by Recto Mercene | July 19, 2021 | Published by BusinessMirror | READ THE STORY HERE

If highly developed economies are not spared from the effects of climate change—as seen in recent floods that killed over 160 people in Europe and the wildfires in California—vulnerable countries should be even more aggressive in demanding the speedy adoption of measures to mitigate global warming that fuels climate change.

This in effect is what happened when the UN Human Rights Council in Geneva adopted recently a resolution, initiated by the Philippines, recognizing climate change as a human-rights crisis, particularly among the most vulnerable.

Co-signatory with the Philippines are Bangladesh and Vietnam. Dhaka and Hanoi, which are apparel producing cities, like Ho Chi Minh City, and Guangzhou, China, are projected to be underwater by 2030, according to two Cornell researchers commissioned by the International Labour Organization (ILO).

The UN Council encouraged continued discussions among States and relevant stakeholders on the possible creation of a new Special Procedure addressing the adverse impact of climate change on the full and effective enjoyment of human rights.

It also decided to incorporate into its annual program of work, beginning in 2023, sufficient time for at a minimum a panel discussion, to discuss different specific themes on the adverse impacts of climate change on human rights.

The researchers warned that the problem of rising sea levels is receiving little attention from those leading sustainability efforts in the sector.

Reacting to the adoption of the Philippine resolution, Denise Fontanilla, associate for policy advocacy of the Manila-based climate and energy policy group Institute for Climate and Sustainable Cities (ICSC), said: “We congratulate the Department of Foreign Affairs and the Philippine Mission in Geneva for championing human rights and climate action, which led to yesterday’s adoption of the resolution.”

Fontanilla added: “As a climate-vulnerable country, we are heartened by the efforts of the Philippines and other members of the Climate Vulnerable Forum (CVF) — particularly Bangladesh, Vietnam, and the Marshall Islands—to address climate change on all fronts, mobilizing not only their climate and environment ministries but also their finance ministries and diplomatic missions.

“Countries vulnerable to climate change continue to lead the fight by offering financial instruments aimed at drawing down the cost of capital for transforming their economies, and by establishing the fact of massive human-rights violations in the face of global inaction. The larger question is whether developed countries can live up to their so-called global leadership.”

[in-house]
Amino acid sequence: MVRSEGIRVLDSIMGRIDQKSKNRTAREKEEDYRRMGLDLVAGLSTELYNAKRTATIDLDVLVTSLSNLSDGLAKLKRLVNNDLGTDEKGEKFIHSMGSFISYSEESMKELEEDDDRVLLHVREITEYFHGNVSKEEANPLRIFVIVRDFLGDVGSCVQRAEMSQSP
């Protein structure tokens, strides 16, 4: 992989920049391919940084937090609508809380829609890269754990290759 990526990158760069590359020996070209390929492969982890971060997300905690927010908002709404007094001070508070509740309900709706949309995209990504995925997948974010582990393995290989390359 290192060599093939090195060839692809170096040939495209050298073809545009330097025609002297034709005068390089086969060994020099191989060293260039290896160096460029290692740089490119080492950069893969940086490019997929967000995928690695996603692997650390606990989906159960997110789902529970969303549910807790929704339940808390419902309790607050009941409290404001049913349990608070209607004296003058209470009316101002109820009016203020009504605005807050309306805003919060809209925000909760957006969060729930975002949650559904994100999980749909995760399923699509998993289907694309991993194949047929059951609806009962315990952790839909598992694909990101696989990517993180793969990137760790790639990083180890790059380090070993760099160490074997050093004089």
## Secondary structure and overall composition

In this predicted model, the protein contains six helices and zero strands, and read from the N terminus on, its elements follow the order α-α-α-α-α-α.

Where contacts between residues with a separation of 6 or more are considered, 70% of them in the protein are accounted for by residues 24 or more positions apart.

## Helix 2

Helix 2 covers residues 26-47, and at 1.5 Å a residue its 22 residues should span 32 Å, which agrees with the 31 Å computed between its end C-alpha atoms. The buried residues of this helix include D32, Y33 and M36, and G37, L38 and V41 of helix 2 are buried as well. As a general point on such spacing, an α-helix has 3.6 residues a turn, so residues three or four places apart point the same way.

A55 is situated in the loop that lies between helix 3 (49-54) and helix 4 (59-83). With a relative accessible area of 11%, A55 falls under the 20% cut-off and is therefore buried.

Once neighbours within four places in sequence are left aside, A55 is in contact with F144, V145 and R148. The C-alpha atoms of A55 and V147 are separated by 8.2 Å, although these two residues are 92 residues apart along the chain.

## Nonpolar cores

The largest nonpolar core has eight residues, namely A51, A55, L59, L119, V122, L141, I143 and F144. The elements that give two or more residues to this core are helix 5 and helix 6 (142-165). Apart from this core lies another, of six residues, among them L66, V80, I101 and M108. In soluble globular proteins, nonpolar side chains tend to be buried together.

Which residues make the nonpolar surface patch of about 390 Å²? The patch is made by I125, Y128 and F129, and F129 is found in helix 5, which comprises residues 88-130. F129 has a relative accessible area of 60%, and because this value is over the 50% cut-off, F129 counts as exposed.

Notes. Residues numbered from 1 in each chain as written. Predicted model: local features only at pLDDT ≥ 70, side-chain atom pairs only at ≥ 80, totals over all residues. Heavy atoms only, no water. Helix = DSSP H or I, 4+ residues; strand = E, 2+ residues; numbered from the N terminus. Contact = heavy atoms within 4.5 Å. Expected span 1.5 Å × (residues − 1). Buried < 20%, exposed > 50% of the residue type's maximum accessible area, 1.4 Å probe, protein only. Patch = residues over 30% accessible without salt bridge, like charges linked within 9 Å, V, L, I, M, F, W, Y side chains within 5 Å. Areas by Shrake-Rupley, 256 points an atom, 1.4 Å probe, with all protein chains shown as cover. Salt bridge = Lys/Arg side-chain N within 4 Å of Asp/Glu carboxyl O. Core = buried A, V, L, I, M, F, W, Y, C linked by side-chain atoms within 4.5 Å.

According to the ICSC officer, “Members of the CVF expect the upcoming UN climate conference in Glasgow to come out with a climate emergency pact and a Delivery Plan to channel $500 billion over five years, without any loans, and at least half of which should go to adaptation.”

She warned that “by failing to deliver the annual $100 billion they committed, developed countries are very much a party to the gross violation of human rights among communities that are deprived of the means to transition to resilient, low carbon development rapidly.”

Deputy Speaker Loren Legarda, Climate Vulnerable Forum Ambassador for Parliaments, called for a plan to deliver “$500 billion over five years” to ensure the success of the Glasgow climate talks.

“In the midst of a worsening climate crisis, it is vital to restate the reminder—winning slowly is losing, standing still is moving backwards. As we near the 26th round of climate treaty negotiations in Glasgow in November, world leaders need reminding as well that we expect action on mitigation, adaptation, finance, loss and damage, and means of implementation together. Drop one item from these five points and we court failure, which is unacceptable,” said the congresswoman.

Legarda, said, “anything less and the COP26 leadership will be inviting the toxic politics that have plagued the negotiations during the Kyoto Protocol period.”

The Manila-initiated UNHRC Resolution also paves the way for the establishment of a UN Special Rapporteur on Human Rights and Climate Change to investigate the adverse effects of climate change on human rights, such as the right to food, to health, and to life.

Forty-six HRC countries including the Philippines voted in favor of the resolution, with Russia as the lone abstention, as the Council wrapped up its 47th regular session.

The results of the vote showed 46 countries in favor and zero against.